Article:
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Mouthwash for Toenail Fungus

Try it for feet

Mouthwash is a traditional remedy for toenail fungus. Most people who use mouthwash to treat toenail fungus use the original amber Listerine. Listerine is a formula that was originally developed in the late 1800s by Dr. Joseph Lister, to be used as a disinfectant during surgery. Its main ingredients are four essential oils: eucalyptus, menthol (which is derived from peppermint), methyl salicylate (wintergreen oil) and thymol (which is derived from thyme oil). All essential oils can be used as antimicrobials and antifungals, but these particular oils are thought to be especially effective against toenail fungus and athlete’s foot.

Fungi have a high rate of recurrence, even when people manage to get rid of them. There is not much point in treating a toenail fungus with mouthwash or any other antifungal agent unless you also take action to change the conditions that made it possible for fungi to settle in to begin with. This means, first, keeping the feet and toes clean and dry, and wearing socks that are clean and dry. Some people also find that they cannot totally eradicate toenail fungi until they make changes to their diet. Providing the body with a balanced, nourishing diet is helpful for most health conditions, and toenail fungi are no exception.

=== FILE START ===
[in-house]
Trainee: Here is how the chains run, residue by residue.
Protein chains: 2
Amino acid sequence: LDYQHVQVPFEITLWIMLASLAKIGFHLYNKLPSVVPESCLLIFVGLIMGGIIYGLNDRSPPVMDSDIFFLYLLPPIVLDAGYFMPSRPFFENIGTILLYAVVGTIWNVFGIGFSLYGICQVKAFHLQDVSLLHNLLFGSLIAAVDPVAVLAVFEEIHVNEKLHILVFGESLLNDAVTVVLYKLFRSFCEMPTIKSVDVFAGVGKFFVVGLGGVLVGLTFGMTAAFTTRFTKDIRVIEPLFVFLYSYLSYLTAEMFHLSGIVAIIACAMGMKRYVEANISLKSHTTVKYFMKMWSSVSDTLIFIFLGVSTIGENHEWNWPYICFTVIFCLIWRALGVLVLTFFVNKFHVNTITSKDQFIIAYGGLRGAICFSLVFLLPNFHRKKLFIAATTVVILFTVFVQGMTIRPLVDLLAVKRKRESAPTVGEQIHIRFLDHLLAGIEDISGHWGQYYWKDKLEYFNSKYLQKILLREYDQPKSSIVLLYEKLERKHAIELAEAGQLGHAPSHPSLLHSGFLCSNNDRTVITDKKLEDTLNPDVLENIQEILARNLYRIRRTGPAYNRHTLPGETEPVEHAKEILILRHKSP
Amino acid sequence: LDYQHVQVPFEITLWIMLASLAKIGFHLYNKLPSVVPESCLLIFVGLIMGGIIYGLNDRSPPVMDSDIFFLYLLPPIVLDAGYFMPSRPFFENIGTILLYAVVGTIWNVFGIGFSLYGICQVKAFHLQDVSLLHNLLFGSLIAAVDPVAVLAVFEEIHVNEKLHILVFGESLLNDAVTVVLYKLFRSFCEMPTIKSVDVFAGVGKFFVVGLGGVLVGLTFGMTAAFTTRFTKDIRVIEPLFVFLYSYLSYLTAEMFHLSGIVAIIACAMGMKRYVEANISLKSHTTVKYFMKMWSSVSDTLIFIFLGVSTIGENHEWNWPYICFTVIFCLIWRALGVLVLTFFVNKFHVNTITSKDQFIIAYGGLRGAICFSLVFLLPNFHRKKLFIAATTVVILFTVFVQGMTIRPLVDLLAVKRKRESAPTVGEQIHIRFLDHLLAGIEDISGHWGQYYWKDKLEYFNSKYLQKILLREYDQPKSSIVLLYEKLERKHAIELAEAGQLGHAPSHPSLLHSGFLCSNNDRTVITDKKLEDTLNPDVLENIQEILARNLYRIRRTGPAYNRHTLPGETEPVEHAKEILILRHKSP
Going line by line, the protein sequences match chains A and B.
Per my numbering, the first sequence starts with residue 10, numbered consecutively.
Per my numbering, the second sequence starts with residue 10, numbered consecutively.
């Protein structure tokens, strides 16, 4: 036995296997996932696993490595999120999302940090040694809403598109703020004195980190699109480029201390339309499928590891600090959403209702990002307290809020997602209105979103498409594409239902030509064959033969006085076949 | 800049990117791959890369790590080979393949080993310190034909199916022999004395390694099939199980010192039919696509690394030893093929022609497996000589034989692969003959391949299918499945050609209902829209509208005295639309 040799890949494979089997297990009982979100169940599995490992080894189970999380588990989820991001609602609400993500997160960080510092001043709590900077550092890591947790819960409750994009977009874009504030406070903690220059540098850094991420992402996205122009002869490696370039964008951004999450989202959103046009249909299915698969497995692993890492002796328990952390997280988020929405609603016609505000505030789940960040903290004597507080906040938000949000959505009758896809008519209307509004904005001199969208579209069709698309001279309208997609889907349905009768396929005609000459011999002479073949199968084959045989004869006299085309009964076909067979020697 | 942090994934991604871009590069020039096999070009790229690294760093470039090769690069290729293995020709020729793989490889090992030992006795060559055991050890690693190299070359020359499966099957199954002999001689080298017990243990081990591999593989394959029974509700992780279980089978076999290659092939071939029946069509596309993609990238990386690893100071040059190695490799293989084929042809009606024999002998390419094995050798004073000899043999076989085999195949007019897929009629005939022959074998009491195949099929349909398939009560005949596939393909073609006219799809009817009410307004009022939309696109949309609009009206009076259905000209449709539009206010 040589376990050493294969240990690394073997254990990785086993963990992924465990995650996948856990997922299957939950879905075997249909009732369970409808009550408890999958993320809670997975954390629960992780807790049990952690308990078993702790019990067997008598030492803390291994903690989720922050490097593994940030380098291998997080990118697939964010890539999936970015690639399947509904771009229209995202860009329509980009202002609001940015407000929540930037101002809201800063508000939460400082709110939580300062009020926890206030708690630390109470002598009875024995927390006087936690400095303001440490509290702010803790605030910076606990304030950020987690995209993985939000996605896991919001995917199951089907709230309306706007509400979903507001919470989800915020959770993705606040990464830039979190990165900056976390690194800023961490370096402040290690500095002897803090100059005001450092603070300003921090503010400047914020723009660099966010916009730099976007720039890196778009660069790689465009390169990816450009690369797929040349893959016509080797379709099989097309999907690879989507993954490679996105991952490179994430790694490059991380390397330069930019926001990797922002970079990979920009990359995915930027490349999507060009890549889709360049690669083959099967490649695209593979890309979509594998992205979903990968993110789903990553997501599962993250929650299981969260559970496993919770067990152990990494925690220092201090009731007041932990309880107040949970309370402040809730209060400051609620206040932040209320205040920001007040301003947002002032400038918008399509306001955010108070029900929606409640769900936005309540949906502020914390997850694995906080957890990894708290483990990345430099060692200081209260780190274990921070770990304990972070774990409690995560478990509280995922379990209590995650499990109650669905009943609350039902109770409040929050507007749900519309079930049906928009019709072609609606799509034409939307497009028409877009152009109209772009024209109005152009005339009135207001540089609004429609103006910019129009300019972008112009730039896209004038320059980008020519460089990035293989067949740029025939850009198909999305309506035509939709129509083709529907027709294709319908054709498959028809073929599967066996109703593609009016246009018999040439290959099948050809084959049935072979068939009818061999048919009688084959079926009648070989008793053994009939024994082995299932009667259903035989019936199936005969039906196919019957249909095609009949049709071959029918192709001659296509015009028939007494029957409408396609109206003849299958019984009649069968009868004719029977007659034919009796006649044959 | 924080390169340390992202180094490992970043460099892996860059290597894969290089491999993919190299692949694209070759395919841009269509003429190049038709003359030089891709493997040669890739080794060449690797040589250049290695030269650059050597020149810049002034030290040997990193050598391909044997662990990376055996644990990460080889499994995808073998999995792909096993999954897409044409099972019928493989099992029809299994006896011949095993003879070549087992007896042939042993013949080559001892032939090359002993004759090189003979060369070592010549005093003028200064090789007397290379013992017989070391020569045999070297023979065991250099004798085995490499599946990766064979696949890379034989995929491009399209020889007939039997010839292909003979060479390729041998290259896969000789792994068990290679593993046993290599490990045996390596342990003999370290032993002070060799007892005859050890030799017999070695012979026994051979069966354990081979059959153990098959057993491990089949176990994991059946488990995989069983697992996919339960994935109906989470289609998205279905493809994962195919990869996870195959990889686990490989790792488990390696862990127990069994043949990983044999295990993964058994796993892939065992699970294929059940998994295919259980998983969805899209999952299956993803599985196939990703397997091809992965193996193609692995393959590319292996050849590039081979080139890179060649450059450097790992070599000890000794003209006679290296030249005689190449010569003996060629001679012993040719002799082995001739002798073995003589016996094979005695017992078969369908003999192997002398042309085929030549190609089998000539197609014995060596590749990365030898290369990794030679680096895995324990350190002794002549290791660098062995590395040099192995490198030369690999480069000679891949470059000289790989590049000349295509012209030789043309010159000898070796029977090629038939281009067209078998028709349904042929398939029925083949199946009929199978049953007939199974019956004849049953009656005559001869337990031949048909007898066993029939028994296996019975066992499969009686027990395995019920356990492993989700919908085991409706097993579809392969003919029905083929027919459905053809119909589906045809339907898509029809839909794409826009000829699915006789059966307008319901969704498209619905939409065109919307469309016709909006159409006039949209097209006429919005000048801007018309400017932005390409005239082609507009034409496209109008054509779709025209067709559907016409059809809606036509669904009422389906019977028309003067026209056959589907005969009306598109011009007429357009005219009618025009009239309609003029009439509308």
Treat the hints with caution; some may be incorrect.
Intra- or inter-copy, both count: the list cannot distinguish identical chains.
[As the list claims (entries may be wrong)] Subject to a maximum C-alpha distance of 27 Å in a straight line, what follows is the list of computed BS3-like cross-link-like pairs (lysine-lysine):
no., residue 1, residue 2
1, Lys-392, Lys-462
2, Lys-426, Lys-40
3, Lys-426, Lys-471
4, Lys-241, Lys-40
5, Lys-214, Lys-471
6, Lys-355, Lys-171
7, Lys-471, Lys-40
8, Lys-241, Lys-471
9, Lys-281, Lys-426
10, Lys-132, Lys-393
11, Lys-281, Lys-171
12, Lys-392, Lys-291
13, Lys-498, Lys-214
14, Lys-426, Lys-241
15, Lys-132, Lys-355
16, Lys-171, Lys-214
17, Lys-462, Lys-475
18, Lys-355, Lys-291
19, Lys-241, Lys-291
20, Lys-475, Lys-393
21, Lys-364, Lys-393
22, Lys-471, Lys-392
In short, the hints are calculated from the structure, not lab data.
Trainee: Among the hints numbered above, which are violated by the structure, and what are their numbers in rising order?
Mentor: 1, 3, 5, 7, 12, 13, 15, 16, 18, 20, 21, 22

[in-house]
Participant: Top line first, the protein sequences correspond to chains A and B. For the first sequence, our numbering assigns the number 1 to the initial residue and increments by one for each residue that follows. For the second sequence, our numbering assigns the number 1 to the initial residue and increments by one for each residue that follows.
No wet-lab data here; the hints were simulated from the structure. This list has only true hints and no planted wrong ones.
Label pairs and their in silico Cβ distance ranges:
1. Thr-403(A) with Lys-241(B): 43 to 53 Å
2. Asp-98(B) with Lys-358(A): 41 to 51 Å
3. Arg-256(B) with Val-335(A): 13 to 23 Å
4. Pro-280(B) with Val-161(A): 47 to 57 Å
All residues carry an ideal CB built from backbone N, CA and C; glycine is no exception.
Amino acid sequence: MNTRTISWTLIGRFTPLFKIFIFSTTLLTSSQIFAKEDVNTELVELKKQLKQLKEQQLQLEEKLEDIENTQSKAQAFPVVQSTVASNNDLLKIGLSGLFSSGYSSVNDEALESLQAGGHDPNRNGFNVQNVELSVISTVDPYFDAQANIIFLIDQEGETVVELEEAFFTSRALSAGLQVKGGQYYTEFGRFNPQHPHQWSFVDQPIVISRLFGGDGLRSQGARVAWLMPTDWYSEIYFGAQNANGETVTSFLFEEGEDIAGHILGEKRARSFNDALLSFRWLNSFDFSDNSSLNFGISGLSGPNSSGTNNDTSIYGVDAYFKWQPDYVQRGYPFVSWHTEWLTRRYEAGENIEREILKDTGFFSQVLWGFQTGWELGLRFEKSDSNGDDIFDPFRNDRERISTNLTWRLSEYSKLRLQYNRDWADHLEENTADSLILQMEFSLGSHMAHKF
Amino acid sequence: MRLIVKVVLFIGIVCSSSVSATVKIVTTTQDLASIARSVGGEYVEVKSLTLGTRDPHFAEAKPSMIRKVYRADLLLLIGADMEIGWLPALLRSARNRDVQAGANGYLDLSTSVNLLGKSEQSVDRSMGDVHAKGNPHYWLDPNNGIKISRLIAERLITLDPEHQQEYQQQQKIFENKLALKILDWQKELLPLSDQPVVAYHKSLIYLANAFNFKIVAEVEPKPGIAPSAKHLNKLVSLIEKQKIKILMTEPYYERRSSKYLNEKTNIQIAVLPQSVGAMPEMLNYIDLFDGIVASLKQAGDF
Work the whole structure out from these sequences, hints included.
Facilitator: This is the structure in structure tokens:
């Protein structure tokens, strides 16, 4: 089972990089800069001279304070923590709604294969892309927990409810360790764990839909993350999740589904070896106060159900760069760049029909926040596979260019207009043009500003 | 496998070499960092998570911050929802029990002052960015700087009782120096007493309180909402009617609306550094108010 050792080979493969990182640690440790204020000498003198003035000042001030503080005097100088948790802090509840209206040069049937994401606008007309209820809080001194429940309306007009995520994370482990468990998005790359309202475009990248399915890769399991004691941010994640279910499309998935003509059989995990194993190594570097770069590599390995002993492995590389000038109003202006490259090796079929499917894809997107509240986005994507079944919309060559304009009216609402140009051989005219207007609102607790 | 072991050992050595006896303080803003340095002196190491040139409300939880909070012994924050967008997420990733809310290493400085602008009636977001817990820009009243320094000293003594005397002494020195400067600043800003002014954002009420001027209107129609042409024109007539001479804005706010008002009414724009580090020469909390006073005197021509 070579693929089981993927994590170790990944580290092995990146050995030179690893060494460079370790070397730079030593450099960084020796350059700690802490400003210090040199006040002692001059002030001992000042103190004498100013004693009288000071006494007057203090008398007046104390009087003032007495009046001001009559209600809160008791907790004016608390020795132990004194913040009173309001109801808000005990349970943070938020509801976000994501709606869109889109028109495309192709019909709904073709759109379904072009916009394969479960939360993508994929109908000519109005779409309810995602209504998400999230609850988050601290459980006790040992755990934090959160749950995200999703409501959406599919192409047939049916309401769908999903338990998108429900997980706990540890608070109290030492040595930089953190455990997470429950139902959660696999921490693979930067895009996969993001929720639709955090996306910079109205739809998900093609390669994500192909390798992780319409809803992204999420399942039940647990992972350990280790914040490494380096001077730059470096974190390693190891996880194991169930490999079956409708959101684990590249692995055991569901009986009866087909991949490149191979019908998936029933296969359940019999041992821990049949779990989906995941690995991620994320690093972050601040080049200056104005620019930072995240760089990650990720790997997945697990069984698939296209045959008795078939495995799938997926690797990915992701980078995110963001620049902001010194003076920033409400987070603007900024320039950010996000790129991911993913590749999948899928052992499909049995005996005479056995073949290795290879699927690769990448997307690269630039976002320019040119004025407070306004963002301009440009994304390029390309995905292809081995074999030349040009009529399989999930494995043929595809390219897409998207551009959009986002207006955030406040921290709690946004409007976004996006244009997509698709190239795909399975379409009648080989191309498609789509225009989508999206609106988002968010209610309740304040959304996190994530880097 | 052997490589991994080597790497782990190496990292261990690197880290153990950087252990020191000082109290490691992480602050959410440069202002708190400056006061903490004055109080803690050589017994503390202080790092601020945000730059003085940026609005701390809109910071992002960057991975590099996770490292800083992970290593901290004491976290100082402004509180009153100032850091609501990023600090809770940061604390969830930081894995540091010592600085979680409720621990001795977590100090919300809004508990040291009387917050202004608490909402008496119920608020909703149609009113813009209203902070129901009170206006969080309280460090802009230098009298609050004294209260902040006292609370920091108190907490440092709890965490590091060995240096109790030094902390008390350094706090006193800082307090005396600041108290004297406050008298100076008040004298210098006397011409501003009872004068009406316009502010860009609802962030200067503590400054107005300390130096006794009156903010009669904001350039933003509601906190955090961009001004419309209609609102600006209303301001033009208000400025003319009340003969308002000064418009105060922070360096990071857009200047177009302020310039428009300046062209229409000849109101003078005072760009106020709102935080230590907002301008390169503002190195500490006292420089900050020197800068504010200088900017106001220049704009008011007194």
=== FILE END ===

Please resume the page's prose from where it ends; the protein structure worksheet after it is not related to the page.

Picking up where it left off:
Using Mouthwash to Get Rid of Toenail Fungus


  • Soak the affected area in mouthwash for 15-20 minutes, twice a day.
  • Dry the feet carefully after soaking.

Why It Works

Eucalyptus, menthol, and thymus, like most essential oils, are high in terpenes, compounds that disrupt the cell membranes of bacterial and fungal cells. Some scientists say that terpenes “punch holes” in cells. As a result, terpenes can kill bacteria and fungi colonies fairly quickly.

Listerine mouthwash also contains methyl salicylate. Methyl salicylate contains salicylate, a substance that causes the skin to shed dead skin cells more quickly than usual. Toenail fungus feeds on dead skin cells, so reducing the amount of dead skin on the foot can be helpful.


Mouthwash is generally believed to be safe for topical use. It should not be swallowed, however.

More Remedies


This information is solely for informational and educational purposes only. The publication of this information does not constitute the practice of medicine, and this information does not replace the advice of your physician or other health care provider. Neither the owners or employees of or the author(s) of site content take responsibility for any possible consequences from any treatment, procedure, exercise, dietary modification, action or application of medication which results from reading this site. Be aware that many of the techniques and remedies published on this site have not been evaluated in scientific studies. Often, only limited information is available about their safety and effectiveness. Use of these remedies in connection with other medications can cause severe adverse reactions. It is always best to speak with your primary health care provider before engaging in any form of self treatment. Additional information contained in our Legal Statement

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